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PSYC 260 (11)
Julia Kam (11)
Lecture 12

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PSYC 260
Julia Kam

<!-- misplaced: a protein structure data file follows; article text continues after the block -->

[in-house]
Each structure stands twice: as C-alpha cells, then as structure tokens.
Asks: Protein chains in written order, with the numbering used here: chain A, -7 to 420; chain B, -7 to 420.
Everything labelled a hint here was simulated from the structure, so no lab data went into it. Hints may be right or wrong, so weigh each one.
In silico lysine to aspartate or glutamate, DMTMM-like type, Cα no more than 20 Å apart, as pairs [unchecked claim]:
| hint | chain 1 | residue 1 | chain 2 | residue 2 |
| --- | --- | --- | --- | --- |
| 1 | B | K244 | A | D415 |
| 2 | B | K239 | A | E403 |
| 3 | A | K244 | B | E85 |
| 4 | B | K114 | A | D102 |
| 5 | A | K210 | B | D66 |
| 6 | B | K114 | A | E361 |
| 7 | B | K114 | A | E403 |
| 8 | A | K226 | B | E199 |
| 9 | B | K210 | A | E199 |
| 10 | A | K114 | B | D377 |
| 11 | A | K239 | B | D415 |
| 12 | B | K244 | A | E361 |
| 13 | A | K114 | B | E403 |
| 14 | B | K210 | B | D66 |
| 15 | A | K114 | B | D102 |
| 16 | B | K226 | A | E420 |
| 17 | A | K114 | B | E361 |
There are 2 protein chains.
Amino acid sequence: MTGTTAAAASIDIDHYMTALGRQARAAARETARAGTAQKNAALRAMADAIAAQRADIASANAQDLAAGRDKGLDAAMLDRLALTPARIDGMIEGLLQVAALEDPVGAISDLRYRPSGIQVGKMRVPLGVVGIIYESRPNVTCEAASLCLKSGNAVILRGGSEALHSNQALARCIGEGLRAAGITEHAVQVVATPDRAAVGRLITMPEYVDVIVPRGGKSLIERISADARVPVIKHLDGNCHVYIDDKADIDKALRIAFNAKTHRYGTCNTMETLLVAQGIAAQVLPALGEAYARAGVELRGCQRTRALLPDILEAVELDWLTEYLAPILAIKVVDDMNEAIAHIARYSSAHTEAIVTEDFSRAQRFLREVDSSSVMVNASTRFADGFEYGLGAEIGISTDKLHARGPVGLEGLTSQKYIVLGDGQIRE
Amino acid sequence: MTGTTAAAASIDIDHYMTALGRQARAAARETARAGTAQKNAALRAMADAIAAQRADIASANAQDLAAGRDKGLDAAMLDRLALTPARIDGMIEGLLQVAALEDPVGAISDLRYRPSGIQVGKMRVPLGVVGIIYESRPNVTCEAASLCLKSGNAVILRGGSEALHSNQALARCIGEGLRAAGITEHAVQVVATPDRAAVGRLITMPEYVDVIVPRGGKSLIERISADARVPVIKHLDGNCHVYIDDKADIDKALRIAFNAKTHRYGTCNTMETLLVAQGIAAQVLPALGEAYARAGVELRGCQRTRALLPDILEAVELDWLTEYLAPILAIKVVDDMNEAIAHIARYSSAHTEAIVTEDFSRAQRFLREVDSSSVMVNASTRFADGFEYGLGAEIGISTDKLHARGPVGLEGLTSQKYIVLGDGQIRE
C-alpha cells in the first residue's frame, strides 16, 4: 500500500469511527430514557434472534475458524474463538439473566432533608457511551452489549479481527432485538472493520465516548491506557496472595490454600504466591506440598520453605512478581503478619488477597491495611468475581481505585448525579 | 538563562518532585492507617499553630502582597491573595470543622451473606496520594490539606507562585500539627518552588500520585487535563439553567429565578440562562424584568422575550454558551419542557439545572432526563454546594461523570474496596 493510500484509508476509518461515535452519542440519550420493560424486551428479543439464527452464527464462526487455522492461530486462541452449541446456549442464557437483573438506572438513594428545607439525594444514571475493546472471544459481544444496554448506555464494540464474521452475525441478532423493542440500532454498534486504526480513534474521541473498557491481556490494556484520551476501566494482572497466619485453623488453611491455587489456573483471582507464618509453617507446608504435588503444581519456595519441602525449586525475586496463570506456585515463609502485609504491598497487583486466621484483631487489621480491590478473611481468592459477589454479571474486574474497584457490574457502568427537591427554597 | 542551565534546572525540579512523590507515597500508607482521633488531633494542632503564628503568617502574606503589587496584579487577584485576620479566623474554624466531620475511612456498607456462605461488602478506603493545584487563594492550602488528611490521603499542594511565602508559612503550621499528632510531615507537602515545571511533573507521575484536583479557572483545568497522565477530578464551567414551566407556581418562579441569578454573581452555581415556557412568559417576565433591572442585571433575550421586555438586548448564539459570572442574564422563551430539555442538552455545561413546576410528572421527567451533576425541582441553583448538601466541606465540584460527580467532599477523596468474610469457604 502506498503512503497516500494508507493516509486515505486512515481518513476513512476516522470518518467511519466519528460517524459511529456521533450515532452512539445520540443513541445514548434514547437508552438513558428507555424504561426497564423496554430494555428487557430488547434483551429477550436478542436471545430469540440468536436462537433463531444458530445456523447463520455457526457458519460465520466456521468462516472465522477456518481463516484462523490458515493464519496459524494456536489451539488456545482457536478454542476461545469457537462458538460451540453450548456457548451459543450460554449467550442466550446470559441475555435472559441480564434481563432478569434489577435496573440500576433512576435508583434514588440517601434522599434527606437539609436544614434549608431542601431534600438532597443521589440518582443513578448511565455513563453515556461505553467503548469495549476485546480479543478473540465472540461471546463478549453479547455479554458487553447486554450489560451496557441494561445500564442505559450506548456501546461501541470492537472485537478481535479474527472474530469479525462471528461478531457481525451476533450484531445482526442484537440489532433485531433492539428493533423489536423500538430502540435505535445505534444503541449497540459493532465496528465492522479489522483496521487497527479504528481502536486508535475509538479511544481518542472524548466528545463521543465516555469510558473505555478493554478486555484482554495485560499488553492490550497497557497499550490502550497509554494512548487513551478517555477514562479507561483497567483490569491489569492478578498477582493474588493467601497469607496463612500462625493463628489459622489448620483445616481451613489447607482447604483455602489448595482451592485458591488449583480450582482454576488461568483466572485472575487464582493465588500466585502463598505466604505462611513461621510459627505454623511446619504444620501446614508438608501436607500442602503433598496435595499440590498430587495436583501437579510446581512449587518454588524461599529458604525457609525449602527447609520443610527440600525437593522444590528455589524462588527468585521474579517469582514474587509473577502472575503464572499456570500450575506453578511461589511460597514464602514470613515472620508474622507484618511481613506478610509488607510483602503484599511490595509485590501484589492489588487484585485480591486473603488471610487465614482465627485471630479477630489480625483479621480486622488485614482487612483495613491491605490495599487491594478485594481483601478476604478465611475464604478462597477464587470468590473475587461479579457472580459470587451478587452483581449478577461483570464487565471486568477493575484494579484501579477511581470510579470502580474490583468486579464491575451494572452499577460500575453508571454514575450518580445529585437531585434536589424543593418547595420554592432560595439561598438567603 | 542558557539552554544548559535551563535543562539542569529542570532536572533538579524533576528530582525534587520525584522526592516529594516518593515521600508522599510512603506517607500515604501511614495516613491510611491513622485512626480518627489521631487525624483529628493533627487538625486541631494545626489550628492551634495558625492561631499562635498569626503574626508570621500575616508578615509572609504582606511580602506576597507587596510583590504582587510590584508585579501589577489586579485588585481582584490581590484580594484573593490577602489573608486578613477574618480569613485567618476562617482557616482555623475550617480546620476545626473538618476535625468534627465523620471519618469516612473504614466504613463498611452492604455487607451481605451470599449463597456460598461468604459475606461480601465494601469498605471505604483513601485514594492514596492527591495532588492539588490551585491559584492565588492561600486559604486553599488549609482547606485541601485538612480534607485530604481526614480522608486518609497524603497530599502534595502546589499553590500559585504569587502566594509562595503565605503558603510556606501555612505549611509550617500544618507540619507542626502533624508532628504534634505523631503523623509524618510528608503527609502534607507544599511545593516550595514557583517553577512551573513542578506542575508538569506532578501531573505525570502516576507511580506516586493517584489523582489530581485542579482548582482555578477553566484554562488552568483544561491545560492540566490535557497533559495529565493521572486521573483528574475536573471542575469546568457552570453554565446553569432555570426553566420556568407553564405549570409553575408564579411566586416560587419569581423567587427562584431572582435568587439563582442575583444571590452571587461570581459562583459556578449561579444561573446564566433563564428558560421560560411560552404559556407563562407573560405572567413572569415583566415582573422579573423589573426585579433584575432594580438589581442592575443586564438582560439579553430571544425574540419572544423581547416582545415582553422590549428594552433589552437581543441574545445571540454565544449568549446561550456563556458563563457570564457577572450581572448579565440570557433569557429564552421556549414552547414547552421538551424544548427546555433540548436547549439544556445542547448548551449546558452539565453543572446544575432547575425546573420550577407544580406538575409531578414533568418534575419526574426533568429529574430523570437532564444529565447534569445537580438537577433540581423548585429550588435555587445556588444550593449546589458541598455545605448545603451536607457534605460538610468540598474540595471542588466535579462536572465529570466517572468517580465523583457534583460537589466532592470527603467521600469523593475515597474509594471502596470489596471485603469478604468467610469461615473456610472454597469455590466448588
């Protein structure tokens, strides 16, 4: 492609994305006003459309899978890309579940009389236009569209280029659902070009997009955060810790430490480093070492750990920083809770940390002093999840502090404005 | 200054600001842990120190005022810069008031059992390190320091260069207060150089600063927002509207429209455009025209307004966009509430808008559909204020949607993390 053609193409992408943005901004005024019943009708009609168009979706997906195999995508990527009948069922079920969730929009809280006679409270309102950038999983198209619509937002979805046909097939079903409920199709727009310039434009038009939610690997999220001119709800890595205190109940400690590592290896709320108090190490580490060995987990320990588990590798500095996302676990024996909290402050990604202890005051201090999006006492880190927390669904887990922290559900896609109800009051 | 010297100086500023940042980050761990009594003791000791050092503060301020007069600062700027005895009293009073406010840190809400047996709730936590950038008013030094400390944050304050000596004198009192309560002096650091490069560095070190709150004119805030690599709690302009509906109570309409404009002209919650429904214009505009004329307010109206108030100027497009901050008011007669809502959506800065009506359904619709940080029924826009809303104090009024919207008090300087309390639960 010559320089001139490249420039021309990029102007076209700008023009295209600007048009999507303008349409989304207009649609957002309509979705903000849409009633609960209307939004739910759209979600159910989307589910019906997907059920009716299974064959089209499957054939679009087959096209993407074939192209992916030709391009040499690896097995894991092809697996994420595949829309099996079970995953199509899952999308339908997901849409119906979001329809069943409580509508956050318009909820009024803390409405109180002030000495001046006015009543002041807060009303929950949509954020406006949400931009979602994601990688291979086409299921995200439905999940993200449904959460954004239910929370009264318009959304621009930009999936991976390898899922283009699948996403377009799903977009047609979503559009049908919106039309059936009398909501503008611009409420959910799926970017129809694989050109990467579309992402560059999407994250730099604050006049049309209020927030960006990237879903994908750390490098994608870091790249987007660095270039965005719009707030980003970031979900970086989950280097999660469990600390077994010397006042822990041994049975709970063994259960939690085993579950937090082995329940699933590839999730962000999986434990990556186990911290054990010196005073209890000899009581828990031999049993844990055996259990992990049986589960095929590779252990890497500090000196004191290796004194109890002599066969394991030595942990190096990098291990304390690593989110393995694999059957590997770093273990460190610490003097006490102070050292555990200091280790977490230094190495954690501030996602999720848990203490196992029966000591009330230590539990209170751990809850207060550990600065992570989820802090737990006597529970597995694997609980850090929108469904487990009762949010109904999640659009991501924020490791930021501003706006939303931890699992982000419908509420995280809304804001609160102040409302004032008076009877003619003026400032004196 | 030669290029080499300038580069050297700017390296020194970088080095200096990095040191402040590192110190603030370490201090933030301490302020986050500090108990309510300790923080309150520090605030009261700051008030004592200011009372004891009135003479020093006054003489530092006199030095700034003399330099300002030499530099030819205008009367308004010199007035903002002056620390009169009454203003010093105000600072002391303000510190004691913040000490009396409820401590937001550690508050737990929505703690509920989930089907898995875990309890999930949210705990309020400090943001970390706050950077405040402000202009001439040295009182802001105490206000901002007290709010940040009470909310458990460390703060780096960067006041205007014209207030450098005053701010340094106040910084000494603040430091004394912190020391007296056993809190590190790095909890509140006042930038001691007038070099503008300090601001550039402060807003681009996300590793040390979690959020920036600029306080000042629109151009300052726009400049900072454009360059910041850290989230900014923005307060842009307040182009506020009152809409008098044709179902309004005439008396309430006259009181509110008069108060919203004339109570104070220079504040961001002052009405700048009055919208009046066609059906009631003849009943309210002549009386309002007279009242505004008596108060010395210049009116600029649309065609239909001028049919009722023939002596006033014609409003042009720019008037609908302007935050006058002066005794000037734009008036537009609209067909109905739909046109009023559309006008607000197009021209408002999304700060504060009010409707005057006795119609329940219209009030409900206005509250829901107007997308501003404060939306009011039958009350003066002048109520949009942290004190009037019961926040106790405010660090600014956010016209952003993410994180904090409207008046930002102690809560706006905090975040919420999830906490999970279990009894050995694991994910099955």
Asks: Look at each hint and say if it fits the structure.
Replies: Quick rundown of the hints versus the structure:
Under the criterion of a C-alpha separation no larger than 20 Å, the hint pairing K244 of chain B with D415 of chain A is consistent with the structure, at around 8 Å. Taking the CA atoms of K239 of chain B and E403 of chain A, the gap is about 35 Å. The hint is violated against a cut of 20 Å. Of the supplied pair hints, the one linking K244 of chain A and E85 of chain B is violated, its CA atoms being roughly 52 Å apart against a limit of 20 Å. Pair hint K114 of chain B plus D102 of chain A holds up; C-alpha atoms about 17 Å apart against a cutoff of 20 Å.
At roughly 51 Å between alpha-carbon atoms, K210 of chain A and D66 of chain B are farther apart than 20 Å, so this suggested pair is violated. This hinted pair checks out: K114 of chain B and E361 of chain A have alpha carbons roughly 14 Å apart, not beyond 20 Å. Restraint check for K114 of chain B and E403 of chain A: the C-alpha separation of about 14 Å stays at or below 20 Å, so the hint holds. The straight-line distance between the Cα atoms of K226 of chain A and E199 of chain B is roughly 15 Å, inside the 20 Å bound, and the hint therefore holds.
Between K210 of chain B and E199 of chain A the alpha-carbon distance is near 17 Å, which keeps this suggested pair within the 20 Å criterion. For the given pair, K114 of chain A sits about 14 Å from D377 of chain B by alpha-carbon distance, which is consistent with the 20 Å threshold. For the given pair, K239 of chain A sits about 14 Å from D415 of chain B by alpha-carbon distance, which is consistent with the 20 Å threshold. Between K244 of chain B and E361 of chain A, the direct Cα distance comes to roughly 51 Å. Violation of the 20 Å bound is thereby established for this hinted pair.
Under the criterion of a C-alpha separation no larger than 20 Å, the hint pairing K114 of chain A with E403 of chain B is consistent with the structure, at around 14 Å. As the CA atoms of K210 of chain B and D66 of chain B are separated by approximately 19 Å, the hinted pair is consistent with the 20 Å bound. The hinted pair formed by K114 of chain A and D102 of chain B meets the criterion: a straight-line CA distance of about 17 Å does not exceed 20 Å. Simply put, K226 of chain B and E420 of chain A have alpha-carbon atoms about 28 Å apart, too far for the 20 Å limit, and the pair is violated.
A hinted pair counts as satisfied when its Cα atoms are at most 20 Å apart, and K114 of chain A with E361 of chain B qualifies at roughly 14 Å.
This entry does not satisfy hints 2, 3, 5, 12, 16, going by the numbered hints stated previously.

Meditation and Mindfulness • Mindfulness is paying attention to what’s currently happening, whether it is something in the external world or something internally • Mindfulness research helps to know more about cognitive enhancement and clinical treatments o Helps sustain attention o Helps to select what to pay attention to more efficiently o Helps working memory and long-term memory o Helps improve self-regulating processes, such as inhibition o Effective form of treatment for depression, anxiety, chronic pain, eating disorders, and ADHD • How is mindfulness studied? o Subject populations  Two kinds of mediation (most use both, starting with focused attention and slowly expanding to opening monitoring) • Focused attention: voluntary focusing of attention on a chosen object • Open monitoring: non-reactive monitoring of the content of experience (e.g. thoughts and sensations) from moment to moment • People trained in open monitoring are quicker in responding to unexpected stimuli  Compare expert meditators to novice/non-meditators  Effect of mindfulness of healthy people compared to the effect on people with clinical disorders o Mindfulness manipulations  Instruct people during the experiment to watch their breath, etc.  Having subjects go through training program o Experimental tasks  Compare mindfulness to other control tasks o Brain change measures  fMRI or PET that looks at blood flow  Look at morphological features (e.g. cortical thickness, grey matter mass)  EEG measures that look at neural networks (IMPORTANT compared to studies that look at individual brain structures) • What is mindfulness? o Sustained and receptive awareness of somatosensory and cognitive events o Eastern contemplative practices  “Constant and bare presence of mind” o Western clinical treatments  “Moment-to-moment, non-judgmental awareness”  Judgments and evaluations are not allowed to control your thoughts (which is what happens to people who ruminate in depressed thoughts) o Not necessarily about the presence, but can also focus on the past or future, as long as you know what you are thinking about • Cognitive processes o Sustained attention  Increases attention orienting and maintenance • Tested using attention network task (efficiency of the alerting network is examined by changes in reaction time resulting from a warning signal, efficiency of orienting is examined by changes in the reaction time that accompany cues indicating where the target will occur, and the efficiency of the executive network is examined by requiring the participant to respond by pressing two keys indicating the left/right direction of a central arrow surrounded by congruent, incongruent, or neutral flankers)  Decreases conflict interference • Tested using stroop task o Receptive attention
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